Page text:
In the following months/year, I plan to continue working through food reintroductions. One of my goals for this year was to figure out exactly what I can eat. I think it will take the remainder of the year or longer to figure this out. Food reintroductions are slow!
After working so hard this year to figure out my health, the wheels in my head are spinning to think of a way to help others take control of their health. Could I offer classes at my endocrinologist’s office? Online video or ebook courses here on the blog? One-on-one coaching? Become more of a “food blogger.” I don’t have any answers right now, just ideas floating around. Helping other improve their health sounds like a good goal for me down the road.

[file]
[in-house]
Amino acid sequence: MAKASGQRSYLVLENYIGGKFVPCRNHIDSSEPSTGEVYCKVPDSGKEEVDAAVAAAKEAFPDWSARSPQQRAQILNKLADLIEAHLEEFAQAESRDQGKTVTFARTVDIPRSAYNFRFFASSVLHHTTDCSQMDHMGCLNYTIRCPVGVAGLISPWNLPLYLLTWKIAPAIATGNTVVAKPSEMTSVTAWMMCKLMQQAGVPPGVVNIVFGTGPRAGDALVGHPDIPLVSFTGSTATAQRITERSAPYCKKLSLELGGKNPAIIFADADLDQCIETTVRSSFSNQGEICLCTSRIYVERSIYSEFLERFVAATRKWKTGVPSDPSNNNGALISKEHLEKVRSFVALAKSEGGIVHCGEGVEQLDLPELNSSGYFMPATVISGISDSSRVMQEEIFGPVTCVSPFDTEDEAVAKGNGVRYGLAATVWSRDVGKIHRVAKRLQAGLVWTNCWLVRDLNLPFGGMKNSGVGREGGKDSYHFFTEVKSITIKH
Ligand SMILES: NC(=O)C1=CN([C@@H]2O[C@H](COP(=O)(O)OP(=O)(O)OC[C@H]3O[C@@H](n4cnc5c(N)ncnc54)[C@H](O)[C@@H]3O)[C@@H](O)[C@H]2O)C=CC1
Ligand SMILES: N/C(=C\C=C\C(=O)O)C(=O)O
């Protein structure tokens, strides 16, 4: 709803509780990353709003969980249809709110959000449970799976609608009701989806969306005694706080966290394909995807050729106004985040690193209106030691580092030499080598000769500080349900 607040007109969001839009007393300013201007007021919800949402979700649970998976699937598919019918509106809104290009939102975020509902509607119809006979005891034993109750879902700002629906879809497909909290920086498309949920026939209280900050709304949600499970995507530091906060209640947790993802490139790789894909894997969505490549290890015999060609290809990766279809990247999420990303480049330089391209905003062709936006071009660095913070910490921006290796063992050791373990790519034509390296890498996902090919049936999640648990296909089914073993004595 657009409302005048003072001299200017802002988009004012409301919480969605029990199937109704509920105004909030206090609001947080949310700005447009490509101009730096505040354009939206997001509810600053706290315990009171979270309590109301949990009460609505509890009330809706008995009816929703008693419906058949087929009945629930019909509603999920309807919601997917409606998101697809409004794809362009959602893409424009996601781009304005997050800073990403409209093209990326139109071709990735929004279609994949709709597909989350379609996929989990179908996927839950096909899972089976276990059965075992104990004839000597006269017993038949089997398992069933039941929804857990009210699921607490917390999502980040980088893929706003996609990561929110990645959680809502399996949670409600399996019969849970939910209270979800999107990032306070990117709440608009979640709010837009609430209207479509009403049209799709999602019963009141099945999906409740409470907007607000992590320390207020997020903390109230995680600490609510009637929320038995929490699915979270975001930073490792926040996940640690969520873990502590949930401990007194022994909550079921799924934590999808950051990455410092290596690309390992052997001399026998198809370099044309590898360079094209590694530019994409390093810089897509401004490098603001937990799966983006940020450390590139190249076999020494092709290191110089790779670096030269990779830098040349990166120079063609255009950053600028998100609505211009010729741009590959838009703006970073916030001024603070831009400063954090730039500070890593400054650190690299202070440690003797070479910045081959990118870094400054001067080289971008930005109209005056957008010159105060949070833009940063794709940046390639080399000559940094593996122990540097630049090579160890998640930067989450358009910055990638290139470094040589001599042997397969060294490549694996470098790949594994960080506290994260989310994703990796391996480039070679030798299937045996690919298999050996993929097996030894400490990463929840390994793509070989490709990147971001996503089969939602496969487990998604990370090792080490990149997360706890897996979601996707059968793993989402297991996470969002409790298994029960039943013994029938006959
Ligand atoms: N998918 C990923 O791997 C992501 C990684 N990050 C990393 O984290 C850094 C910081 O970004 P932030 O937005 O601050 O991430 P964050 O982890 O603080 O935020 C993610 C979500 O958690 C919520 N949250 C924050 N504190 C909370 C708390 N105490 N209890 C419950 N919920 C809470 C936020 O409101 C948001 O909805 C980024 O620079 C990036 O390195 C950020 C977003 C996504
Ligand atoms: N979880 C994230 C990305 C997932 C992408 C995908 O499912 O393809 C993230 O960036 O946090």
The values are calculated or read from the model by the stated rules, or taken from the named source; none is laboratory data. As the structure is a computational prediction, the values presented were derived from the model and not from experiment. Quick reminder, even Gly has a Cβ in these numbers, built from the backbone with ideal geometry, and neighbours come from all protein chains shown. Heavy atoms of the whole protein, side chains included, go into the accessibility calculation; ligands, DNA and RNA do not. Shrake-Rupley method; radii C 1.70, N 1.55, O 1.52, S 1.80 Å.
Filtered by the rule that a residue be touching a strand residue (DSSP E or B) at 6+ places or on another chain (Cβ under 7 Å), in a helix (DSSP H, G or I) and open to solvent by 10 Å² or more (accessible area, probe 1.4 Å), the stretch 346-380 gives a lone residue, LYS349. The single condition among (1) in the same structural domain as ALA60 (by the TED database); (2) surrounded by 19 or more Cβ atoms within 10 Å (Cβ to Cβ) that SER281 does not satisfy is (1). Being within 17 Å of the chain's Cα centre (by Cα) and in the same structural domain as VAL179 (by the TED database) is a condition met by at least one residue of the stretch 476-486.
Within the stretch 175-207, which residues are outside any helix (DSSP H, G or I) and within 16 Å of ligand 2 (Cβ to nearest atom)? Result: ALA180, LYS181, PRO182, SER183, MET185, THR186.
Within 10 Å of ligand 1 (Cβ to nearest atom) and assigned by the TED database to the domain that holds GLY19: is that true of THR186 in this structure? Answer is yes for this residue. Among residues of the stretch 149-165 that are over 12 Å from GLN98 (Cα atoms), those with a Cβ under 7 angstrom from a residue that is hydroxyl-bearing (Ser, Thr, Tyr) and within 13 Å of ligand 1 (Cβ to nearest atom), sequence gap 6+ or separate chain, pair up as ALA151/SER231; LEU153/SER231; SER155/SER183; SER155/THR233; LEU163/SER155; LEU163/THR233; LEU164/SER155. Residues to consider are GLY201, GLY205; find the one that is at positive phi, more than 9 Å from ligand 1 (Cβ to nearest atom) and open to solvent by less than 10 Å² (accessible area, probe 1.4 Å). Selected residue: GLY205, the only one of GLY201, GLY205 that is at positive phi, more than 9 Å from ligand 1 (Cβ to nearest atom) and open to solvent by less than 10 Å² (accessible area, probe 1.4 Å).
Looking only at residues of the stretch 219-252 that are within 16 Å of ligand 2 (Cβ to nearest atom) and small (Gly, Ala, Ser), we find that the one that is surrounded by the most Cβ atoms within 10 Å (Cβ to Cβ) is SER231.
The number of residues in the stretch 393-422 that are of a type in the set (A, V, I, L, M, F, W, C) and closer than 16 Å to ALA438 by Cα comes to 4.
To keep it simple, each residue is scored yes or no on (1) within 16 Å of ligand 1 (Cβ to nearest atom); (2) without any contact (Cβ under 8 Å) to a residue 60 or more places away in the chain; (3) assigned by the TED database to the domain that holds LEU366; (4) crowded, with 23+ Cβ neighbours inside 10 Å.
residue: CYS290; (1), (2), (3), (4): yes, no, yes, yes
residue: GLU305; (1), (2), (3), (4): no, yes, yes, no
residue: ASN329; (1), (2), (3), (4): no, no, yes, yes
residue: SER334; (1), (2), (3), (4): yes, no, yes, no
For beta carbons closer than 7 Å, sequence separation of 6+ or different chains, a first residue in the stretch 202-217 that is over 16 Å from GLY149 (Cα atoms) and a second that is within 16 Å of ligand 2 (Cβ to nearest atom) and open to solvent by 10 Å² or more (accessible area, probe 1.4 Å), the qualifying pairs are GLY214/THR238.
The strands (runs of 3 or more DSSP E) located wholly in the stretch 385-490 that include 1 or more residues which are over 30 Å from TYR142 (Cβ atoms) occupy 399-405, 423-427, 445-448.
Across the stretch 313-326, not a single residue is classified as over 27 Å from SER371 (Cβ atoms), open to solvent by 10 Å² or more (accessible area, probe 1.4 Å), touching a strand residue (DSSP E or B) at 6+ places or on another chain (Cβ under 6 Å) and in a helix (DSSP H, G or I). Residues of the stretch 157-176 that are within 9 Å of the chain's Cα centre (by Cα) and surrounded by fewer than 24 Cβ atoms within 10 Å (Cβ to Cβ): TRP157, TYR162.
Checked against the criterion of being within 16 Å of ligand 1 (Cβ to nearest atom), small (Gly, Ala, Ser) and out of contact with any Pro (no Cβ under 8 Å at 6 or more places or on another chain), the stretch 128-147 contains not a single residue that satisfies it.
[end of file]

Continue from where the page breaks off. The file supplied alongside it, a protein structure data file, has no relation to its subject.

My insulin free diabetes 1 year review was a smashing success. The doctors and even myself to a certain extent are amazed at my blood sugar control and overall health. There were many points in the last year that I would doubt this insulin free road would continue for very long, but I have been proven wrong over and over again. Food is powerful medicine! Pair it with healthy habits and who knows what you could cure next??
If you are having health issues, where would you look for help? Would you trust a blogger? Would you only seek out medical advice? Do you have an idea for how I could help people??
You’re not using fast acting bolus insulin but do you still use a basal insulin or slow release insulin at bedtime?
Hi, Jan! For 19 months after my diagnosis, I did not use any insulin, not fast acting nor basal. About a month ago, my blood sugar spiked and I had to reintroduce basal insulin. I still do not take fast acting, and in fact, I’ve been lowering my basal dose every few days when it starts sending me low. Currently, I’m taking 9 units of basal per day. I was as high as 14 in December. Thanks for the question!